Companies can already recover the cost of their capital improvements through depreciation, but only over a number of years. House Speaker Paul Ryan and Ways and Means Chairman Kevin Brady have called for “full, immediate” expensing, saying it would lead companies to invest for growth.
Senate Republicans are less keen on the idea. It’s not just the anticipated cost, $2 trillion over 10 years. Full expensing doesn’t pair well with an existing corporate tax break: the ability to deduct interest paid on loans. Combining the two would distort the economic value of debt and spur companies to borrow chiefly for tax advantages, economists say.
House leaders proposed killing interest deductibility, a move opposed by debt-reliant industries like private equity and commercial real estate. Senate leaders, including Hatch and John Thune, the chamber’s No. 3 Republican, have said they want to maintain the deduction at some level at least.
Where the tax framework lands on this clash of tax breaks will help signal the degree of unity behind it. One plan that’s getting extensive discussion among tax experts and lobbyists would allow for full expensing -- but only for five years. And companies’ interest deductions would be capped. It’s unclear whether those provisions will make it into Wednesday’s plan.
Will Congress unite around it?
The tax debate was supposed to be different from health care, where Republican party fractures have so far led to failure on a seven-year promise to repeal and replace the 2010 Affordable Care Act. So far, though, the tax effort has some haunting similarities.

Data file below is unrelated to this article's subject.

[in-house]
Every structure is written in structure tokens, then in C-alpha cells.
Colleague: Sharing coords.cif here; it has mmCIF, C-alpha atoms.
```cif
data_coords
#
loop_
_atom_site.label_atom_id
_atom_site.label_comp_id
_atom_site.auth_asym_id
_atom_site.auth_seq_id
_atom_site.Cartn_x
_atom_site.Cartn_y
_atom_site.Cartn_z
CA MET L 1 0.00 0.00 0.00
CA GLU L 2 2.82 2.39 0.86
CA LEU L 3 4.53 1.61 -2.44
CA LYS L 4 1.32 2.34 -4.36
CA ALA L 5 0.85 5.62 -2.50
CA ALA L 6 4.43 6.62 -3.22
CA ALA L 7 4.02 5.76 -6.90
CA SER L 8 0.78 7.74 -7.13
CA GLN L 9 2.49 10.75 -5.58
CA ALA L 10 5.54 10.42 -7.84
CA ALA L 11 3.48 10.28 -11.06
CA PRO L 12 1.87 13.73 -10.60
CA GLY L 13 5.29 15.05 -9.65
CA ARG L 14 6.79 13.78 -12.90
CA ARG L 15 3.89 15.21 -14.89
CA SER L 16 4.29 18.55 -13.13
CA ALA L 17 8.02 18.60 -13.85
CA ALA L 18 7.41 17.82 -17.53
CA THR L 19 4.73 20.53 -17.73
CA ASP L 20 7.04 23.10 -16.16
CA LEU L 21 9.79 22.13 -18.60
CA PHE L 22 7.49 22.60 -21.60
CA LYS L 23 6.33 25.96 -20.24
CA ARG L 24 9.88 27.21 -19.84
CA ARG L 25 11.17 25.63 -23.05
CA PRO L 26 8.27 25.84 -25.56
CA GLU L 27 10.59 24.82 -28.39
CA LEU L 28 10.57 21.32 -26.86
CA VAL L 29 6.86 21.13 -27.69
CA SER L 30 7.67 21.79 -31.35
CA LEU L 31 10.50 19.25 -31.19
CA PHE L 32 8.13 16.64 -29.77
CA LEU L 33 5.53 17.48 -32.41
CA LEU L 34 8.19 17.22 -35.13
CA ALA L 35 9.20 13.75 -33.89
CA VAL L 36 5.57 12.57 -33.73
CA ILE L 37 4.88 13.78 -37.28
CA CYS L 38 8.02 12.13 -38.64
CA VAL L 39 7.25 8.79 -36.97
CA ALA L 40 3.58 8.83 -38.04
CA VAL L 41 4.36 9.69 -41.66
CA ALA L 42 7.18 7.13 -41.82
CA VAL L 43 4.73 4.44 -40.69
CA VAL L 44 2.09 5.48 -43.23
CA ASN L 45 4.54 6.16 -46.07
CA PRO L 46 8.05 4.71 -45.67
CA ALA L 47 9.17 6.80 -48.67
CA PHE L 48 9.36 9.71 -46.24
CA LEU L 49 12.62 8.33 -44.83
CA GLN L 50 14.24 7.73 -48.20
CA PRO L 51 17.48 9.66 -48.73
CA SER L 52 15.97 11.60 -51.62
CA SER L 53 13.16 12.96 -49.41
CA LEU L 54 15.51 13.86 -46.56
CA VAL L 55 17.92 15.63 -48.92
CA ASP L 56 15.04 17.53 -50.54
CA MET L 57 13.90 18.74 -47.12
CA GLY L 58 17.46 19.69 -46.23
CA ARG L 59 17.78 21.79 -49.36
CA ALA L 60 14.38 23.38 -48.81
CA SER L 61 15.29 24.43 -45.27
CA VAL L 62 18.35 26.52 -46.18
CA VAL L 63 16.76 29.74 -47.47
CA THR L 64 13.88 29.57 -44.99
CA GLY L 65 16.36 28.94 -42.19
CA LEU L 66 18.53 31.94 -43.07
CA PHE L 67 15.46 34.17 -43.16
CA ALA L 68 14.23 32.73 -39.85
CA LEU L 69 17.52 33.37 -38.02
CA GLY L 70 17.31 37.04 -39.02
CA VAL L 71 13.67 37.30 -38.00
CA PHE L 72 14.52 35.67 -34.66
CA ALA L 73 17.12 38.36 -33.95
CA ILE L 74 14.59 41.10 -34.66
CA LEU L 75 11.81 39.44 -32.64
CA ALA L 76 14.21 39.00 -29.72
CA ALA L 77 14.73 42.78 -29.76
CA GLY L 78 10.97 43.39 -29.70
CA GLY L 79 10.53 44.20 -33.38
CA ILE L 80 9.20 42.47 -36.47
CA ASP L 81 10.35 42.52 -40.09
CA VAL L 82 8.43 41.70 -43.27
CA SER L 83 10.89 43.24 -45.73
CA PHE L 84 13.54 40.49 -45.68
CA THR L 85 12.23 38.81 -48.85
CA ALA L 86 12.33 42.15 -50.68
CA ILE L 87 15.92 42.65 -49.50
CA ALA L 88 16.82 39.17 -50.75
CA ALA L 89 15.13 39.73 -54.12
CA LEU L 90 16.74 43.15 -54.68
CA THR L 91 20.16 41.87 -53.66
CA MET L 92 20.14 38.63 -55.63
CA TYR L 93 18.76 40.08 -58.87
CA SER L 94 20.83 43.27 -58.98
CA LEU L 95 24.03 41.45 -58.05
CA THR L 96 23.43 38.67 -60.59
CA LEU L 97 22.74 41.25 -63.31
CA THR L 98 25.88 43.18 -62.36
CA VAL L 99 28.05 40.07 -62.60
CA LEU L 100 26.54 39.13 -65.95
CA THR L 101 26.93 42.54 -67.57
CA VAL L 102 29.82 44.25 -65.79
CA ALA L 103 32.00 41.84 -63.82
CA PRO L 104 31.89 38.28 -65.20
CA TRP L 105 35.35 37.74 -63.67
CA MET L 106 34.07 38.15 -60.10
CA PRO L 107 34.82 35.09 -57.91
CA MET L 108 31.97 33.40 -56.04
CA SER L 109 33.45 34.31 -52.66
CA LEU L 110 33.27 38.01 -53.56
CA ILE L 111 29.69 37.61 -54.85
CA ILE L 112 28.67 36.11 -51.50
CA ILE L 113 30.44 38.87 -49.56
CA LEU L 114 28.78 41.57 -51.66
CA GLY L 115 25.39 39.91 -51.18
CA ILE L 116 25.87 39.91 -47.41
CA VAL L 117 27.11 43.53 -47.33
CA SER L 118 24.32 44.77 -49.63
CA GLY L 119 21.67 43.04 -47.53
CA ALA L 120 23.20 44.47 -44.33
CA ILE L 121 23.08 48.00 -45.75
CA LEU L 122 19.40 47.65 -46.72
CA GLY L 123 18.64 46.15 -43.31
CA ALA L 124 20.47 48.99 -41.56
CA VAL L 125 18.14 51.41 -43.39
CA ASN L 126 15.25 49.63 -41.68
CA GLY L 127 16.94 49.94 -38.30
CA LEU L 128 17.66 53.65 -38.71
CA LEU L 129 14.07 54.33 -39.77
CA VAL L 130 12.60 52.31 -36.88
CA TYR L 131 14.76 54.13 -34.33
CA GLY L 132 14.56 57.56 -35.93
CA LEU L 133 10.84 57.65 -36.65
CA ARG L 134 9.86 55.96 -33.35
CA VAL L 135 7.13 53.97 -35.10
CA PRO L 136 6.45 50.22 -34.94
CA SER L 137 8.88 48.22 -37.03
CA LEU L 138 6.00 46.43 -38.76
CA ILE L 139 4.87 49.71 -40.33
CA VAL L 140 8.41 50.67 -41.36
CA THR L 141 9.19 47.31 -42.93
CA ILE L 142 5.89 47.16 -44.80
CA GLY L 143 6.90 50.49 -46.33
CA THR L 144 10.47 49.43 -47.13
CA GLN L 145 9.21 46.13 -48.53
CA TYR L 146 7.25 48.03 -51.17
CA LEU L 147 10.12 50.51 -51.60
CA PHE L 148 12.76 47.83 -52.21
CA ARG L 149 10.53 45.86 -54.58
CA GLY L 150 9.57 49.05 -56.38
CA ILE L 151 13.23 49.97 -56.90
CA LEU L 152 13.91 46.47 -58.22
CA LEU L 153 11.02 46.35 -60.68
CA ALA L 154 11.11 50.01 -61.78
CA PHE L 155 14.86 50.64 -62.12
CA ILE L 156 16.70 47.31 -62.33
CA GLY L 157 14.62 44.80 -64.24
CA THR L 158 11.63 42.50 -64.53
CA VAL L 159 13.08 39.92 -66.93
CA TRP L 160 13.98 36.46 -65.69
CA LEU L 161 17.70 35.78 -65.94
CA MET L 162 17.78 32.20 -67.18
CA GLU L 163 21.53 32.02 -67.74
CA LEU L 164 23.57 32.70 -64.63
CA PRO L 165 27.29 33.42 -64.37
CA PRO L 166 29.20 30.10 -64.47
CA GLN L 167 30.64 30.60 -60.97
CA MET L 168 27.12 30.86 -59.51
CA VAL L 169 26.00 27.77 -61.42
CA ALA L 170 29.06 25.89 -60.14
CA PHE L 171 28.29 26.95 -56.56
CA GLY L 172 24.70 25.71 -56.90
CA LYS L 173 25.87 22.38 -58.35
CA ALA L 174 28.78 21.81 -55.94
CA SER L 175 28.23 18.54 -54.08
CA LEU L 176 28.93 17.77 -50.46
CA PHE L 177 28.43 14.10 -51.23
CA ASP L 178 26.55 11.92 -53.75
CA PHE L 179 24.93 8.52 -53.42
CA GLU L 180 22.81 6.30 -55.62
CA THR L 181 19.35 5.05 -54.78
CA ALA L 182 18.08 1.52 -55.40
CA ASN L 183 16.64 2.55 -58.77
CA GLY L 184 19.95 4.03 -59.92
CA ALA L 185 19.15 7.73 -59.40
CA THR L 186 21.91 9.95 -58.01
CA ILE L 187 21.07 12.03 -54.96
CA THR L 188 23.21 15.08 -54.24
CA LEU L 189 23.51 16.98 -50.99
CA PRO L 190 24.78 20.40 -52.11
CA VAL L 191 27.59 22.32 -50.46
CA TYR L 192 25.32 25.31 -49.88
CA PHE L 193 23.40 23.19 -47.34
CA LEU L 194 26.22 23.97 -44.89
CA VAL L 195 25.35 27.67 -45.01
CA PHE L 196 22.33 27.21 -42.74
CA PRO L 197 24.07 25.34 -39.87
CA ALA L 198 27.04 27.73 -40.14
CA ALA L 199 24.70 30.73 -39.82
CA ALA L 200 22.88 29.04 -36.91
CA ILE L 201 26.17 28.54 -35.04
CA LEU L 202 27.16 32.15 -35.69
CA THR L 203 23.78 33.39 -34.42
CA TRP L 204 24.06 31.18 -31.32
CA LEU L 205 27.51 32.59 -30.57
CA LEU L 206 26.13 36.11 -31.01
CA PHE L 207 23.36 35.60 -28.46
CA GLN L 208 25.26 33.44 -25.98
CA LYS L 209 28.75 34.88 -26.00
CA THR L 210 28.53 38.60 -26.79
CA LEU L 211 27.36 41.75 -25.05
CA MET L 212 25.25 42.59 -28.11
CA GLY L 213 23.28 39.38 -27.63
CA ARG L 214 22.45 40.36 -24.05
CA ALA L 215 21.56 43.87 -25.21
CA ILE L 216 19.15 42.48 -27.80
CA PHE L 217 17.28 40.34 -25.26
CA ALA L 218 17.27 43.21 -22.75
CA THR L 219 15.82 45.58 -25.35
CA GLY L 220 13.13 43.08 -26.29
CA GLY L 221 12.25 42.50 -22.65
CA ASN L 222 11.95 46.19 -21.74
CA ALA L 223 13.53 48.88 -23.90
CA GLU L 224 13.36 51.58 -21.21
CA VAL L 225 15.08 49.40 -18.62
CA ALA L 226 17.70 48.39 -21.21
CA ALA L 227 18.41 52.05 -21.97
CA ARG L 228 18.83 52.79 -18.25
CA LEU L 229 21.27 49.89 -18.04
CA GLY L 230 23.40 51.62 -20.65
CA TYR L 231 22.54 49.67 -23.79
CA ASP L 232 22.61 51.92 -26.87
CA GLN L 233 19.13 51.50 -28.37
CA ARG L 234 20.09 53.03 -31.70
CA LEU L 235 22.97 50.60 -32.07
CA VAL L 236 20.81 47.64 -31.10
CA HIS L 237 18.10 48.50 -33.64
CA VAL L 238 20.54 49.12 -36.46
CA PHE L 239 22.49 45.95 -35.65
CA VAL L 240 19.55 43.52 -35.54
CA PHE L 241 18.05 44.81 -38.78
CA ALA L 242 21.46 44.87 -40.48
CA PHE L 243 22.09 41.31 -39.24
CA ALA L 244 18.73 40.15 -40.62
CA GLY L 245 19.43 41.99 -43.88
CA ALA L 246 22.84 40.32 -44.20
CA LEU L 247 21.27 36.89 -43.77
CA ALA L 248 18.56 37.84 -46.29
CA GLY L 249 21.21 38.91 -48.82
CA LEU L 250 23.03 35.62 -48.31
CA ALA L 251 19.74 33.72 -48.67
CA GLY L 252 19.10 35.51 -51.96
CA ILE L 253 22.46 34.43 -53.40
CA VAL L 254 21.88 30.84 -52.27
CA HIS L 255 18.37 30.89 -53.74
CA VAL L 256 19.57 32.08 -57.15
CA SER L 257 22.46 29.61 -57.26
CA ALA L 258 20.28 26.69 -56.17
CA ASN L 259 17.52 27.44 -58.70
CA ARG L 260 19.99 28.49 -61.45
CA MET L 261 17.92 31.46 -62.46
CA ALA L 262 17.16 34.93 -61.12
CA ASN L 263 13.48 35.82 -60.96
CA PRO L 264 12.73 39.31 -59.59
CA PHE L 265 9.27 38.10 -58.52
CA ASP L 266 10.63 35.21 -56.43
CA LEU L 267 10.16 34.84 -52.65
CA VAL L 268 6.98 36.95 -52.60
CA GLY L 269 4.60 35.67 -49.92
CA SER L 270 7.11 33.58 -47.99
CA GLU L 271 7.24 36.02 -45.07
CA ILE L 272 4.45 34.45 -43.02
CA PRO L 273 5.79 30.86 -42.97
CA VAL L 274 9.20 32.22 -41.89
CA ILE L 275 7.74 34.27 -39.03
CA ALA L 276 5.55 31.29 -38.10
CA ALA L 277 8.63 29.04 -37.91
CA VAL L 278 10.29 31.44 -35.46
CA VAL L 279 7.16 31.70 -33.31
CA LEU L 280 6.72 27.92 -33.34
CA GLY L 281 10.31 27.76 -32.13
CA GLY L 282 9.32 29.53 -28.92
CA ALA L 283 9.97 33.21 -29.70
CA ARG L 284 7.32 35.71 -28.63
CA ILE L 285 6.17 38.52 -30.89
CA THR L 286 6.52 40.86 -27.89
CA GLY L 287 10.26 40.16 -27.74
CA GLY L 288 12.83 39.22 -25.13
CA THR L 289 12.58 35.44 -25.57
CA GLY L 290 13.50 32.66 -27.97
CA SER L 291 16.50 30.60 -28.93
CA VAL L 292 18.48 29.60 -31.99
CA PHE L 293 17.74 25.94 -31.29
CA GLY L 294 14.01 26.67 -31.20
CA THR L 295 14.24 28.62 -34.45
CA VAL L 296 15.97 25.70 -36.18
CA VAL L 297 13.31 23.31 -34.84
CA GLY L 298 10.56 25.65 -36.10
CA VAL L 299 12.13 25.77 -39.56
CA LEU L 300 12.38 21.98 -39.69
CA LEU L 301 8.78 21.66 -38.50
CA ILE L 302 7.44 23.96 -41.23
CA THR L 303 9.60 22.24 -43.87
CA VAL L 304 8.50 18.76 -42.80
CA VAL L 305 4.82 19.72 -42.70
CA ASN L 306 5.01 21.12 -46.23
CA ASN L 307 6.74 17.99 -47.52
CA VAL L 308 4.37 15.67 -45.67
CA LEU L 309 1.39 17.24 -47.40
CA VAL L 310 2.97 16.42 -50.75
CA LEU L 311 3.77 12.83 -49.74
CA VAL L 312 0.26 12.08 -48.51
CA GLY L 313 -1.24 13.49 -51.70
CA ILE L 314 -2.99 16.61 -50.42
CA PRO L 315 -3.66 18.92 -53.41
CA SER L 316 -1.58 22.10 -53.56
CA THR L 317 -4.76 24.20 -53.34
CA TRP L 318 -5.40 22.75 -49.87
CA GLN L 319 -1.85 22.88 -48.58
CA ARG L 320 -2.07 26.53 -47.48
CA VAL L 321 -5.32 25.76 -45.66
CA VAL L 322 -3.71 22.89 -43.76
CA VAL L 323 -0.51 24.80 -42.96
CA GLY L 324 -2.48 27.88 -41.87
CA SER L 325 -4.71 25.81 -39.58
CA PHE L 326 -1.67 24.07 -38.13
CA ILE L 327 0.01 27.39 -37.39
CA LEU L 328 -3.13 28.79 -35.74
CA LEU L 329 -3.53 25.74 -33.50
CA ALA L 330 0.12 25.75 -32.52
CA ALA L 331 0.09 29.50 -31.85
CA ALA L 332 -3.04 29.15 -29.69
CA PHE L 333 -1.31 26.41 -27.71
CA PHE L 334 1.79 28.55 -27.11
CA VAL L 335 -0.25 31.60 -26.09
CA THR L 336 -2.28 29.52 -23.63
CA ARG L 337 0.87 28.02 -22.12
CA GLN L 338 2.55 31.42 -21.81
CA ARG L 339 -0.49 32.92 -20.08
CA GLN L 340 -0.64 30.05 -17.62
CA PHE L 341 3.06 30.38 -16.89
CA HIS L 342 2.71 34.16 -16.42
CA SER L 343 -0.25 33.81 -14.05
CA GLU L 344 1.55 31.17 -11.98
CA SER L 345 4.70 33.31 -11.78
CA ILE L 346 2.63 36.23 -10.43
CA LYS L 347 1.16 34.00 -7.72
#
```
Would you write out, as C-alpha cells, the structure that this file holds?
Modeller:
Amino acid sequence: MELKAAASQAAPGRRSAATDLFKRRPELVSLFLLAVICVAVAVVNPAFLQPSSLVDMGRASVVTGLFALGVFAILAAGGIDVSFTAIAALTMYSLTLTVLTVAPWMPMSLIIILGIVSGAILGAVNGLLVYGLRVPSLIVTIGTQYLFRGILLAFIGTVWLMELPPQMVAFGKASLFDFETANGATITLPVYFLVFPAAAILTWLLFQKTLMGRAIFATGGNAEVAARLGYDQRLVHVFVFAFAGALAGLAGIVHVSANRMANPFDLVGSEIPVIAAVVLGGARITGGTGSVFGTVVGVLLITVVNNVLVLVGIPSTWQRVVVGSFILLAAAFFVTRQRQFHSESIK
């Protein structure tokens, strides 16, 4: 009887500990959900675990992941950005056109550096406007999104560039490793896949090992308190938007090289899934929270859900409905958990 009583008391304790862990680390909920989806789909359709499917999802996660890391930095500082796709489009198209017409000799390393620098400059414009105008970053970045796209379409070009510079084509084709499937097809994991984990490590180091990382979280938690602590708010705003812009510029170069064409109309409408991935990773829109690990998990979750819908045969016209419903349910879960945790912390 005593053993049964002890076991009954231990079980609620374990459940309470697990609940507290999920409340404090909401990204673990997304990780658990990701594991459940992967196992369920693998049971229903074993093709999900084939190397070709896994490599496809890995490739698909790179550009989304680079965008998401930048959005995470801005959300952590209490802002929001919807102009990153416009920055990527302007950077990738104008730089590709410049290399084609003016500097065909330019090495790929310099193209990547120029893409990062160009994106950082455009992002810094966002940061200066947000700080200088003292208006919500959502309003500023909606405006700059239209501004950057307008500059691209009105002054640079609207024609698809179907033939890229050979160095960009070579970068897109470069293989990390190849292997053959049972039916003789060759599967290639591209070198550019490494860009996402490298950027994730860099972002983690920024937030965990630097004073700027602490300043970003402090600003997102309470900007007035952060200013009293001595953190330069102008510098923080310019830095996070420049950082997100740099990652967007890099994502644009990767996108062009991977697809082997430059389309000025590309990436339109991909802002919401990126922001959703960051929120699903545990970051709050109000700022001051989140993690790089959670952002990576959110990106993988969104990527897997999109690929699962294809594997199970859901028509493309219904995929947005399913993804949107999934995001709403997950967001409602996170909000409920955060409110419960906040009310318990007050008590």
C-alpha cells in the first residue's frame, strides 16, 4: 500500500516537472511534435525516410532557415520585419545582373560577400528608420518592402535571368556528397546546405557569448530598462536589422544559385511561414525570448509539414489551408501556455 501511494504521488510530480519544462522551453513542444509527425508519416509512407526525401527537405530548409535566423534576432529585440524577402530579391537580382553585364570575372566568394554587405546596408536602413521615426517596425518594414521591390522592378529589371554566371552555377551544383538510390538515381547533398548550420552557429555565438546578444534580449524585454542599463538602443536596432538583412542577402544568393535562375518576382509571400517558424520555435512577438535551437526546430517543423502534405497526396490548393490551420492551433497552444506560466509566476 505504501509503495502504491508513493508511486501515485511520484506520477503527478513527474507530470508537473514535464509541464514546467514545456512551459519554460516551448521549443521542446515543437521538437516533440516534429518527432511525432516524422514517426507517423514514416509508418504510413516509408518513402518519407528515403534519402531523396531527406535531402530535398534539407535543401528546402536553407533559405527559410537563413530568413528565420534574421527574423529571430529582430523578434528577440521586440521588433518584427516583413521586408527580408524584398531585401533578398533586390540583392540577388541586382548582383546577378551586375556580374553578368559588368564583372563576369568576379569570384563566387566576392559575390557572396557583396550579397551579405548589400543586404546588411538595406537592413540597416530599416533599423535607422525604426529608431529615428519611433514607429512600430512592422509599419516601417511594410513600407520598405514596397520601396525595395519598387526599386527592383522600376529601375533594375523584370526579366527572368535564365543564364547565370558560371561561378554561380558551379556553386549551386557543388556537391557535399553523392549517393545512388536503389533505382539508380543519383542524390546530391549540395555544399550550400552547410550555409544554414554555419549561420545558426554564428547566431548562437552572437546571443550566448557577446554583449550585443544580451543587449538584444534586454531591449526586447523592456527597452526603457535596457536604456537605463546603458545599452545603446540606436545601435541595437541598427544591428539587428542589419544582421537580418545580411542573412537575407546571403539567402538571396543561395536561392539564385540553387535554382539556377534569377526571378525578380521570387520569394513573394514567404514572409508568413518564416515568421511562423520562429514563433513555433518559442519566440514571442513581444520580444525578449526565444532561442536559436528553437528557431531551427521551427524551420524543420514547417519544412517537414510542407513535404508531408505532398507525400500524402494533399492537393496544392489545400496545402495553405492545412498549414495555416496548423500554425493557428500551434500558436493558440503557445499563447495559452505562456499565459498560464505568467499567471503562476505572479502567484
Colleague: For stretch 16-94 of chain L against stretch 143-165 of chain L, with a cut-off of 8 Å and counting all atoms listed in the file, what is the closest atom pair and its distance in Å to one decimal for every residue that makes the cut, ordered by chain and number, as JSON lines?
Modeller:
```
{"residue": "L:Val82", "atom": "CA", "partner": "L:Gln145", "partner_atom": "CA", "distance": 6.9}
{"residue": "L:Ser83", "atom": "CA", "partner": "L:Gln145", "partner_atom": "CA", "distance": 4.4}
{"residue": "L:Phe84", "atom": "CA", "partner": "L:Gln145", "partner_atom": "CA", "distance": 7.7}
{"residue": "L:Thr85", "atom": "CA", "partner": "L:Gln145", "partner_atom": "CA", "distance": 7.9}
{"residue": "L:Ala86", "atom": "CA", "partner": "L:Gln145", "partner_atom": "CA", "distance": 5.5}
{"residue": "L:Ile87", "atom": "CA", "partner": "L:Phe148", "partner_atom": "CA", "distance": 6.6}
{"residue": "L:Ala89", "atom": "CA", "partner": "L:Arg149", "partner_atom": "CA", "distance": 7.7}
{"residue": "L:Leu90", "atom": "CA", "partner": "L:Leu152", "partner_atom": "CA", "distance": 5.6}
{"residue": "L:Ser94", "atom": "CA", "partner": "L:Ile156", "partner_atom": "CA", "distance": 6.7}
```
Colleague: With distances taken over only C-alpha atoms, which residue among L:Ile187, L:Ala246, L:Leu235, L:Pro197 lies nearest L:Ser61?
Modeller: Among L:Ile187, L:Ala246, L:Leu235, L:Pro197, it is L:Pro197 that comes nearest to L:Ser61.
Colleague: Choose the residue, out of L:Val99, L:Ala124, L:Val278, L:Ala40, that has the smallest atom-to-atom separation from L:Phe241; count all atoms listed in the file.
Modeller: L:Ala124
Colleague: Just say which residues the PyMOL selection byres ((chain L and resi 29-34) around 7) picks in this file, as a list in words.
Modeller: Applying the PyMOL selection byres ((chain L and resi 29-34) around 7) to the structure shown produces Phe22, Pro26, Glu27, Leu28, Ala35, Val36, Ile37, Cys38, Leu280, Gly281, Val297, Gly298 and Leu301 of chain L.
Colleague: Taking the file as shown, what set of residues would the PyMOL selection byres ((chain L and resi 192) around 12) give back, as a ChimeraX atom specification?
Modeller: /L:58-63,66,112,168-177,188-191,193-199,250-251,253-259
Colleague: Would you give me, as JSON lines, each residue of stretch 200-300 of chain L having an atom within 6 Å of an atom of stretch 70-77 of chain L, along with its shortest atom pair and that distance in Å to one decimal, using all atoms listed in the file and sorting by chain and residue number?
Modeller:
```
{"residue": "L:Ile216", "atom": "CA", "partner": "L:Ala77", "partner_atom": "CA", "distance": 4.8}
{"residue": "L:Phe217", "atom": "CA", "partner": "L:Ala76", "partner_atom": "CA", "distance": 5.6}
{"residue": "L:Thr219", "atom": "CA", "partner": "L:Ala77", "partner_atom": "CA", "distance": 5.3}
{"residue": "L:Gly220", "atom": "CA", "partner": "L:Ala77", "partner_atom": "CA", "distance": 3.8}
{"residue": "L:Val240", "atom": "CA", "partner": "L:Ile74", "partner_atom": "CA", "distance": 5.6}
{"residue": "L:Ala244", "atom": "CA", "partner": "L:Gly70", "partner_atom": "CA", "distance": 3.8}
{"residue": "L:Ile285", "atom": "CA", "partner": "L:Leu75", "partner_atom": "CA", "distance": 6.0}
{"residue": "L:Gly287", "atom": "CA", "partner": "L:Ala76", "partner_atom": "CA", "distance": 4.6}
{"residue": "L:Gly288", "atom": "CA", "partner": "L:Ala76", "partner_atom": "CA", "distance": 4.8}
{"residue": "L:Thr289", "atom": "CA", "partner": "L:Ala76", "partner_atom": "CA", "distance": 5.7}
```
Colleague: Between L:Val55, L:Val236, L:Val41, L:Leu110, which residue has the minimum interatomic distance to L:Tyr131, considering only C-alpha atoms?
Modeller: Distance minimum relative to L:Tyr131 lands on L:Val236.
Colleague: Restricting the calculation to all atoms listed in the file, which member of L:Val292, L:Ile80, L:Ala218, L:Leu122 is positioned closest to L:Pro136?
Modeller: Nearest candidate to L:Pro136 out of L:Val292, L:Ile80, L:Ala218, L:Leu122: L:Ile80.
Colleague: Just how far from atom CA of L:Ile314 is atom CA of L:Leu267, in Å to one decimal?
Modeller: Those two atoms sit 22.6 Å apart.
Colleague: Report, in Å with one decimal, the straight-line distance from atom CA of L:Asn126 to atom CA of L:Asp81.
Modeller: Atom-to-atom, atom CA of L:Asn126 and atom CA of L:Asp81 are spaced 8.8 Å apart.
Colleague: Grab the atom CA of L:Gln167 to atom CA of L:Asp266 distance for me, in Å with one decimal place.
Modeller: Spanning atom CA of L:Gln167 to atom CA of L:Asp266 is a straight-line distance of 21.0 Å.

Leaders of the House Freedom Caucus have complained about secrecy in the tax framework’s drafting -- complaints that arose earlier about health-care legislation. “Is the bill being written behind closed doors because it will only help the connected class and their high-paid consultants?” wrote representatives Jim Jordan and Mark Meadows in an op-ed last week.
Jordan and Meadows have refused to green-light the House’s 2018 budget resolution until they see some tax-plan specifics. They “wanted to make sure they sunk their teeth into more details,” said Representative David Schweikert of Arizona, a member of the caucus and the tax-writing Ways and Means Committee. He said he thinks the framework “will get them there.”
But that doesn’t mean it’ll please everybody. Senate Finance Chairman Orrin Hatch has said repeatedly that his panel won’t be a “rubber stamp” for any particular plan and won’t necessarily be bound by the framework. On Monday, he released a statement saying: “As we continue to work toward the release of a unified framework that will serve as a base for the tax-writing committees in both chambers to draft legislation, what we are trying to achieve for the American people remains the same.”
It’s hard to overstate the importance of getting past the infighting, said Jason Pye, vice president of legislative affairs for FreedomWorks, a conservative advocacy group.
“If Republicans can’t get this tax bill done, we’re facing a few existential problems,” he told reporters Friday. “It could be the end of the GOP as we know it.”